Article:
Should a player be considered for the MVP award if his team missed the play-offs?
Steven Stamkos, the Tampa Bay Lightning's shooting star, appears to be a certainty to be the league's leading goalscorer this season, and he could easily pass Evgeni Malkin in the scoring race, too.
But the Lightning are long shots to make the play-offs.
Steve Yzerman, the Tampa Bay general manager, was a seller at the deadline, trading away veterans in exchange for prospects and draft picks in anticipation of the Lightning finishing outside the top eight in the Eastern Conference.
So, if Stamkos's season ends in early April, should he be considered an MVP candidate?
Can a player be considered the NHL's most valuable if his team fails to qualify for the play-offs?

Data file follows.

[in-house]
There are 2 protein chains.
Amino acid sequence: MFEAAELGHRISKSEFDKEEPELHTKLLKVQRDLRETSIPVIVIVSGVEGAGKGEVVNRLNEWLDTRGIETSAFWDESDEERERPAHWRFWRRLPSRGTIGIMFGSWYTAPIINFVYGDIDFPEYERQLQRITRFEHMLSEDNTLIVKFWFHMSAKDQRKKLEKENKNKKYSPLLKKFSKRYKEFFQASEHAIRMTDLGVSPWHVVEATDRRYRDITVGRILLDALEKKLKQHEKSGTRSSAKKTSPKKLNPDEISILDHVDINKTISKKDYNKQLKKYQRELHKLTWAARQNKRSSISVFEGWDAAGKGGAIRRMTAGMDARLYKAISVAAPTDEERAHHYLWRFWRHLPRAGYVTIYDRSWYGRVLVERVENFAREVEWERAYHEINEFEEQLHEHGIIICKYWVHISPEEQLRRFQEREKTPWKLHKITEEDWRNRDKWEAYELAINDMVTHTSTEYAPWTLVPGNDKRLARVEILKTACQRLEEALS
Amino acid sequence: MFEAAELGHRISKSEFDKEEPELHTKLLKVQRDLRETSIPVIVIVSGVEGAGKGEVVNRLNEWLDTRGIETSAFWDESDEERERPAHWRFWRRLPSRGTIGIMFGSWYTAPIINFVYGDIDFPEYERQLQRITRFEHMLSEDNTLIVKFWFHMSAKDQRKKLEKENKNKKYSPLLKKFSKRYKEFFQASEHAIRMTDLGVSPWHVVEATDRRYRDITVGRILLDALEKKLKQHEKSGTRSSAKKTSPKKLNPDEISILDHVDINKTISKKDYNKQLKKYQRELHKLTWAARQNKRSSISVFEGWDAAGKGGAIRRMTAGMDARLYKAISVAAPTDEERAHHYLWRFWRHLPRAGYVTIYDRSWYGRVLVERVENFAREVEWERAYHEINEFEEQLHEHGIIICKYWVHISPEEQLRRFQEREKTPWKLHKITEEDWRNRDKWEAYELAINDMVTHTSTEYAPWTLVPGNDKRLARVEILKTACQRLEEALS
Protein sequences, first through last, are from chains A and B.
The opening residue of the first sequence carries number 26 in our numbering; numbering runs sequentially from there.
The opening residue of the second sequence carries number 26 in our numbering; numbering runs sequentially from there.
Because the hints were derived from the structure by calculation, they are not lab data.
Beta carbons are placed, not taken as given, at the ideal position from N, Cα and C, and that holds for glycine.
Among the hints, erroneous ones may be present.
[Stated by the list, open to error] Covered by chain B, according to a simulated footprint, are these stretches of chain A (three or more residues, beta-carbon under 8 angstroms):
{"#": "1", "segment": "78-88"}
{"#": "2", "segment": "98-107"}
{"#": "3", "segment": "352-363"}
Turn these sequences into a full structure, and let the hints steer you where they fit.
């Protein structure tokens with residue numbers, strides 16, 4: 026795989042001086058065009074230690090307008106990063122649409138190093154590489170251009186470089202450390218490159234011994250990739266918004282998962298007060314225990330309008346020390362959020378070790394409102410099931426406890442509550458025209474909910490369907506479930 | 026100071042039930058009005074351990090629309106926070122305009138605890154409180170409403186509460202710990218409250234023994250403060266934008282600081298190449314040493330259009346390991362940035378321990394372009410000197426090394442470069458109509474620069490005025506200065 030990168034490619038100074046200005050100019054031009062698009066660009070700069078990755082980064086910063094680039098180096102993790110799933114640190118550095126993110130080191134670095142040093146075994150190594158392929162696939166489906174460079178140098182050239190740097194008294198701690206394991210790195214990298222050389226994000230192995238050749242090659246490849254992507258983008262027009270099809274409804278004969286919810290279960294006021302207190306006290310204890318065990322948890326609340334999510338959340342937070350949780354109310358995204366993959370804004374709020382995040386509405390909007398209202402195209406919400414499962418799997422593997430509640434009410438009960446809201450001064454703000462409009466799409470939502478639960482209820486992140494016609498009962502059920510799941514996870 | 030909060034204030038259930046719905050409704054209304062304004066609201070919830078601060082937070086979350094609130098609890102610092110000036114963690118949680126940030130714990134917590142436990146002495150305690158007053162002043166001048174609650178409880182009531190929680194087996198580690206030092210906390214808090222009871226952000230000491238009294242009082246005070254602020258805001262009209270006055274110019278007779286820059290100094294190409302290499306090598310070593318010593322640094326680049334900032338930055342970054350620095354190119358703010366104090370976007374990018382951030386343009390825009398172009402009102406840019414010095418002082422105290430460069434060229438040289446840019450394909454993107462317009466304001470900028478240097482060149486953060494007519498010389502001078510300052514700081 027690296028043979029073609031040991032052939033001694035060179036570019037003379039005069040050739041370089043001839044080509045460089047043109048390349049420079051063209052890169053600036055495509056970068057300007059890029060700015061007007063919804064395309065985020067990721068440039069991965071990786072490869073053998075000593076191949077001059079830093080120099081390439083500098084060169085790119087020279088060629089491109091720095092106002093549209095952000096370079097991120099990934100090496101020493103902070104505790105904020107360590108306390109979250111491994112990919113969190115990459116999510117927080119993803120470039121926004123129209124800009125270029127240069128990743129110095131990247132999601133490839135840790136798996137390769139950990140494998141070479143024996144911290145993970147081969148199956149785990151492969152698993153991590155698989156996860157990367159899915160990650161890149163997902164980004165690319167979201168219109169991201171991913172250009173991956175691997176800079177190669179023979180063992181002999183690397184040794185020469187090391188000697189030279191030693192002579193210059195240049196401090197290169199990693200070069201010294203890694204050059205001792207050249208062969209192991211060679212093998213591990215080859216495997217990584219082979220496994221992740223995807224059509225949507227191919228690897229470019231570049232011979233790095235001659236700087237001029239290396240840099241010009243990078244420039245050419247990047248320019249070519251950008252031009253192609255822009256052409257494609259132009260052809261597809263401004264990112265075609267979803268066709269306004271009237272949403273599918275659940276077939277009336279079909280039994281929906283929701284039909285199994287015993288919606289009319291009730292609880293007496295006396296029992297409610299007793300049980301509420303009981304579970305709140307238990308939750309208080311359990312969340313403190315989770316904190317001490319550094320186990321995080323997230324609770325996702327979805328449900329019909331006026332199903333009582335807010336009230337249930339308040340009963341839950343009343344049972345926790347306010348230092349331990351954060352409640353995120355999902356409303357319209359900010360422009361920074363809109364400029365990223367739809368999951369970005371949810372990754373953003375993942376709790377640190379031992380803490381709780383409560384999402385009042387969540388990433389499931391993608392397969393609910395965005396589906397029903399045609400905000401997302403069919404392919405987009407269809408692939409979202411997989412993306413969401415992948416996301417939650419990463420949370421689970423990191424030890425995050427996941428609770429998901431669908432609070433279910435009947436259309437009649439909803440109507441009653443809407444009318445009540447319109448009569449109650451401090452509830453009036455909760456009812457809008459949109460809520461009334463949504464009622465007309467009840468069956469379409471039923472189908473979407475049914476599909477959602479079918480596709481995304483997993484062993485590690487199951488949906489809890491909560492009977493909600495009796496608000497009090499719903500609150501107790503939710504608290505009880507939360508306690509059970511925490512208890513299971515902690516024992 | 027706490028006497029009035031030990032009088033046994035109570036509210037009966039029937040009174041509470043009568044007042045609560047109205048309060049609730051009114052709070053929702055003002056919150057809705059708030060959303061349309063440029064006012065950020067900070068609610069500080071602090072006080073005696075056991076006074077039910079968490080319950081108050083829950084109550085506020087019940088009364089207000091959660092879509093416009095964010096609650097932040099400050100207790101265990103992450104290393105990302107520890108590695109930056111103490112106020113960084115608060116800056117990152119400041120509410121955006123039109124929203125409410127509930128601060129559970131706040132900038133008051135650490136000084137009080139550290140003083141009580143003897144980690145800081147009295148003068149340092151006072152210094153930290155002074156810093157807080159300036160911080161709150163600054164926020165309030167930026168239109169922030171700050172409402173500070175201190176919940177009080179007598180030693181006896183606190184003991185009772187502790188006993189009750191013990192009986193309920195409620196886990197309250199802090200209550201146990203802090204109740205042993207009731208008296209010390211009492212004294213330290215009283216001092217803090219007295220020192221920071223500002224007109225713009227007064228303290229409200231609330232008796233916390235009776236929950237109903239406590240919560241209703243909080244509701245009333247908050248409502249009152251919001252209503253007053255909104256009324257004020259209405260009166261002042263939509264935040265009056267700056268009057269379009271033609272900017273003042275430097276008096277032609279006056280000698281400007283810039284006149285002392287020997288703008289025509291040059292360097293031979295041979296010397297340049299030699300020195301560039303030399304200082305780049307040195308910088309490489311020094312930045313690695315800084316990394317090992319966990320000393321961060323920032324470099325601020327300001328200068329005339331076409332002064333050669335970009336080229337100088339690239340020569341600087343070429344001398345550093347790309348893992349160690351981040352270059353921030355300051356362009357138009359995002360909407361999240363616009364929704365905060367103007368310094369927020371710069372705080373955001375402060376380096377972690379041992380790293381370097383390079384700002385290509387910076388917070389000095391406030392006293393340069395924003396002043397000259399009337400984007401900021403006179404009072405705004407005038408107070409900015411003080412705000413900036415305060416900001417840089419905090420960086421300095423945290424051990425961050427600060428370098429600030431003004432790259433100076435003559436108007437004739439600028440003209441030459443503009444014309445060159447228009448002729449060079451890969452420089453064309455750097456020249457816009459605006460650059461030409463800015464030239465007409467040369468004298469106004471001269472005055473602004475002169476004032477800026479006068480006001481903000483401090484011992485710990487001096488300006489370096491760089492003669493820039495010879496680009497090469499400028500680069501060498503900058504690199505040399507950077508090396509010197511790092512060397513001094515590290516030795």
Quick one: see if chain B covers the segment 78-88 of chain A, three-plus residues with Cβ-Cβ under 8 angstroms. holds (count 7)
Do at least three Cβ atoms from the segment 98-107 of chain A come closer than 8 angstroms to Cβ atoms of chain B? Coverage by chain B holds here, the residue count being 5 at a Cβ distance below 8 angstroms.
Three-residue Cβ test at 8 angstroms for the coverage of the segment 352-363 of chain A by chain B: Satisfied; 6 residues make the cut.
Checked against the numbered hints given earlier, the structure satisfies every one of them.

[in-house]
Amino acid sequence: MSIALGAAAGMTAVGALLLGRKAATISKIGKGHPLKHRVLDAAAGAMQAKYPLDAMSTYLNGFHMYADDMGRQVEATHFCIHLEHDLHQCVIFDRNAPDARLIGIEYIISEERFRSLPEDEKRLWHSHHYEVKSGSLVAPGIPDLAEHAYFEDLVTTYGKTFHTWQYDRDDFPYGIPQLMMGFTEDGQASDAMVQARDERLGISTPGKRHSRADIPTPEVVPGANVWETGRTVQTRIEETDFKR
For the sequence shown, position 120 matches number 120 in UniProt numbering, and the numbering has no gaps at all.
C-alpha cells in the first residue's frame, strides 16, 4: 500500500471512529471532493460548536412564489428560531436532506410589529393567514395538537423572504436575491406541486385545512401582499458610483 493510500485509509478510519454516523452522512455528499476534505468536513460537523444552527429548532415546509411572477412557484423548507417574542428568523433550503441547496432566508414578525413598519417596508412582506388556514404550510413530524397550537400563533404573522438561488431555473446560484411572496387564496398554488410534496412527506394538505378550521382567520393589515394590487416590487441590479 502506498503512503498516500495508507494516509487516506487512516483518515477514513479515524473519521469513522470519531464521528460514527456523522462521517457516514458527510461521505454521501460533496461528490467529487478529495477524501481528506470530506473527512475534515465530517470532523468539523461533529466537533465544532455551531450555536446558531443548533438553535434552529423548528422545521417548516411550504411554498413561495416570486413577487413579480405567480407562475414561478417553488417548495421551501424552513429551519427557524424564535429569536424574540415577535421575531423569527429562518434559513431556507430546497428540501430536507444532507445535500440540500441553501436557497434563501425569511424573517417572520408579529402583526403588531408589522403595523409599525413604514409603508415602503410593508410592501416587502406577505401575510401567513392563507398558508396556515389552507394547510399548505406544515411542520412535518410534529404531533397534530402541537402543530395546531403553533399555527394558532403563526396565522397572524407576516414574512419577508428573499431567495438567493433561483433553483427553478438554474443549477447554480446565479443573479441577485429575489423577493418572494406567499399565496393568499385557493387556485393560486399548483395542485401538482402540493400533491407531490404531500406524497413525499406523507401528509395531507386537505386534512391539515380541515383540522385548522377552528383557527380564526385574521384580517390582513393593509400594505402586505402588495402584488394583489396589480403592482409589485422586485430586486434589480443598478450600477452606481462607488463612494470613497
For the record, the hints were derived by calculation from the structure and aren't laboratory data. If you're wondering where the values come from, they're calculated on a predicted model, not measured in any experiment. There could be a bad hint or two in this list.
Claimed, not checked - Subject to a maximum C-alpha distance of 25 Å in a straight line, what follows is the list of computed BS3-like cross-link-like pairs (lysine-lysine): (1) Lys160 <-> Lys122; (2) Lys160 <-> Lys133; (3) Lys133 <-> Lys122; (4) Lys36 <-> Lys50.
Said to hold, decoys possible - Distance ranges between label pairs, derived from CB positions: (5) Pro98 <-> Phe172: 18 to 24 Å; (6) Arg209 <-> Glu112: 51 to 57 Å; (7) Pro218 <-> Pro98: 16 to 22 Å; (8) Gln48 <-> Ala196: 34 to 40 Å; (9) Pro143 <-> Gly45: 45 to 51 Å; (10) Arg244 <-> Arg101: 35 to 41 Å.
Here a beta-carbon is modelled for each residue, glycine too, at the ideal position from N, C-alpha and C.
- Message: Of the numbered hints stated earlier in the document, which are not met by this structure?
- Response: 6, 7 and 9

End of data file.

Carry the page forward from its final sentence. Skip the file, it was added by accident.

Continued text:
Stamkos has a chance of scoring 60 goals - the last NHL player to do that was Alex Ovechkin, when he scored 65 in 2007/08 - and more than 100 points.
Tampa's failings have been defence and goaltending; should Stamkos be overlooked because some of his teammates didn't hold up their end of the bargain?
The short answer is, Stamkos deserves to be an MVP front-runner.
While he pursues 60 goals, it's doubtful that any other NHL player will hit 50.
But since the Lightning have struggled this season, the reality is that he'll likely finish behind Malkin, and there's a chance he won't even be nominated.
In the NHL, even individual trophies come with the qualifier of team success.